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Wine of the Weel -- Satisfying a curiosity for Two-Buck Chuck
msnbc.com

The other night, I drove 70 miles, roundtrip, to buy a bottle of $2.99 wine. And now I can say that I, too, have tried Two-Buck Chuck. Admittedly, I am late to the party; many others have already bought into the craze, including someone I know who proudly served the wine at her wedding not long ago. Millions of bottles of the wine have apparently been snapped up.

Just what is Two-Buck Chuck? It seems to me that it is several things. On one level it is a line of California chardonnay, merlot, cabernet sauvignon and sauvignon blanc, made from surplus wine, bought up in bulk, bottled under the Charles Shaw label and sold exclusively at Trader Joe’s stores nationally. In California it goes for $1.99 — hence the nickname. In 11 other states where it is sold it will set you back from $2.99 to $3.39. (A sign at a New Jersey store calls it Three-Buck Chuck, but that doesn’t have quite the same ring, does it?)

On another level, it is about taking part in an experience, of belonging. Two-Buck Chuck is the wine equivalent of the ’50s Hula Hoop fad. Everyone seems to be doing it. Get down to the store and buy yours. Talk about it. Share the experience. Tell others how to think about it, like the man who said, while carting away his fix, “You gotta try it, pretend it costs more and enjoy it.” I see. A fantasy wine for a tough economy, perhaps. “It’s functional wine,” a Trader Joe’s salesman told me. “That’s the best description I can give. If you keep your expectations reasonable you’ll probably like it.” I would soon find out.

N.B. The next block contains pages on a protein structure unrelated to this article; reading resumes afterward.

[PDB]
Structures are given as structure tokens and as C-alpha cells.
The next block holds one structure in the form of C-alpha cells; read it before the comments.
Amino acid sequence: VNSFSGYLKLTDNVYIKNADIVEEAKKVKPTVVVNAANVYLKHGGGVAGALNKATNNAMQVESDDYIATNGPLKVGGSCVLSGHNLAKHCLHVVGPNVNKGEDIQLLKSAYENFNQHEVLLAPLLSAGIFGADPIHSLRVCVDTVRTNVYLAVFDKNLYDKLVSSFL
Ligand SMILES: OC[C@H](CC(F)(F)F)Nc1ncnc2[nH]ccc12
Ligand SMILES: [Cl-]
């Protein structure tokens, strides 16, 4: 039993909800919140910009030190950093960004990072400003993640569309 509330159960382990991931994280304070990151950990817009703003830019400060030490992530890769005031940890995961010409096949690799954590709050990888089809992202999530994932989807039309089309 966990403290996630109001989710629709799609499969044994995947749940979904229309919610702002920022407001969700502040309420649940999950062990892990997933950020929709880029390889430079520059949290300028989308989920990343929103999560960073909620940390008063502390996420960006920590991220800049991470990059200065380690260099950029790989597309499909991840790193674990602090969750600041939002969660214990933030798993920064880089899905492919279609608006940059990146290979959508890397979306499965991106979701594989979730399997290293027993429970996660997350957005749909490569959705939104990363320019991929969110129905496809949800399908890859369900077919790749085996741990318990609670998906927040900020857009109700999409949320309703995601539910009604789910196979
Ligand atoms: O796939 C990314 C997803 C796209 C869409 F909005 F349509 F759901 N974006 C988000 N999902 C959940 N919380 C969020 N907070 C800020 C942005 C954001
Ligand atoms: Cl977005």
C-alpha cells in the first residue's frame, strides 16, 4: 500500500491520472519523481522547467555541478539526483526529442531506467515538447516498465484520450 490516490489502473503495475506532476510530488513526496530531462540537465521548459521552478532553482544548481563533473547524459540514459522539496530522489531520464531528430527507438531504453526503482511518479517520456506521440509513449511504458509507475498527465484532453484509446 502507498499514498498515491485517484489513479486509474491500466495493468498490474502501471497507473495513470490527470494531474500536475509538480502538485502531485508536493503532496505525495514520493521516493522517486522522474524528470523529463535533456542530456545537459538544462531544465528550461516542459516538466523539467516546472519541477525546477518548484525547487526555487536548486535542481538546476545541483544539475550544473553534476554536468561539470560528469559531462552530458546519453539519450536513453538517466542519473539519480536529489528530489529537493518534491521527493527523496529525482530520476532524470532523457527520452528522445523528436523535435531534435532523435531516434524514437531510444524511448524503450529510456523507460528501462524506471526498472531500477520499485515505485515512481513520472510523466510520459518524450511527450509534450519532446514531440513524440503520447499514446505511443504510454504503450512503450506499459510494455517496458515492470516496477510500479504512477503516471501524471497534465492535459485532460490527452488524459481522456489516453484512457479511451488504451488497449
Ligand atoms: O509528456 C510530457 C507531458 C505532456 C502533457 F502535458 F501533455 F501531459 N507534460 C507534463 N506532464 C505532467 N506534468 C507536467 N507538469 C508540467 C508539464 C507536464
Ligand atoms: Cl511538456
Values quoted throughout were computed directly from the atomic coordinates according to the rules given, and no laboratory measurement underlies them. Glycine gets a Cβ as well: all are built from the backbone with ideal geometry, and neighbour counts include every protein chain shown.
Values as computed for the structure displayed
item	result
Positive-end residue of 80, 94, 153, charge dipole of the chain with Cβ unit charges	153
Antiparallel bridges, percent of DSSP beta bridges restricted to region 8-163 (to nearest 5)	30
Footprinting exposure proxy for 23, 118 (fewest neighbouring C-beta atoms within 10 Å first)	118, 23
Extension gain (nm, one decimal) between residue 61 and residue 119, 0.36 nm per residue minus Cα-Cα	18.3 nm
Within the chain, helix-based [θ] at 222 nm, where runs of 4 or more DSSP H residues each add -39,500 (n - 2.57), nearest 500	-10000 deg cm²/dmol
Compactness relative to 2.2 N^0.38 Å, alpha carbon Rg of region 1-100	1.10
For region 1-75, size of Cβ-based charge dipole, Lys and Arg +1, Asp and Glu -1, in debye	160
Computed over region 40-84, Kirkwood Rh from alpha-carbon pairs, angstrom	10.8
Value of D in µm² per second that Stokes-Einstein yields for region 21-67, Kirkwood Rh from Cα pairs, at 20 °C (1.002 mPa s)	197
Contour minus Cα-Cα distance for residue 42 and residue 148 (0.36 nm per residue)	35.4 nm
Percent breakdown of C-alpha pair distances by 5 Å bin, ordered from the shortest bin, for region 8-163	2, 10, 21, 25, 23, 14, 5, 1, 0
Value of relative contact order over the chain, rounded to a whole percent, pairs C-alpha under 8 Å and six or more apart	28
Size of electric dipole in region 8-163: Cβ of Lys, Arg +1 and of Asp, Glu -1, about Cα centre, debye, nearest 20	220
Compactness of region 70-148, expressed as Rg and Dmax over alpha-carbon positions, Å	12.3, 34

Since, by law, you can’t buy wine at grocery stores in New York, I drove out to a Trader Joe’s in Westfield, N.J., that does sell it. And there they were, case upon case, stacked like a shrine to Charles Shaw, the name of a defunct California winery recycled for the Two-Buck Chuck line. They took up far more space than any other wine — or just about anything else in the market. I bought six bottles for $17.94. These days that will barely buy you a couple of glasses of wine in some restaurants.

So what about the wines? I tried the 2001 chardonnay, merlot and cabernet. They are, by any measure, altogether generic wines. The chardonnay is dominated by wood and alcohol with a bitter finish. I kept trying to identify some specific fruit tastes, but couldn’t put my finger on one.

The reds are a step up. Although both are soft with little structure, they show decent berry tastes and are not overpowered by wood, yet are far from satisfying when compared with some $5 or $6 wines I have had. Which is better? I would call them pretty much a draw. In fact, I even did my own homemade blend, mixing some of the cab with some of the merlot in a glass, with slightly more interesting results (memo to Charles Shaw).

Ultimately, Two-Buck Chuck is blue-collar wine masquerading as white and red. And yet, if it helps people discover wine, or helps satisfy a craving for savings that exists somewhere in all of us, then I’ll raise my glass to it, at least half way. A guy at work may have spoken for masses of cheap-wine drinkers when he remarked, on hearing about Two-Buck Chuck, “For that money, if it’s reasonably potable, I’ll go for it. I pay three times that for (expletive deleted).” A bottle of Two-Buck Chuck has his name written all over it.

But, if you aspire to go beyond “potable” and have a desire to begin exploring wine’s infinite variations and subtleties, I recommend that you quickly get the curiosity about “Chuck,” or the wine itself, out of your system, spend even a few more bucks and buy yourself some far more interesting inexpensive wines.

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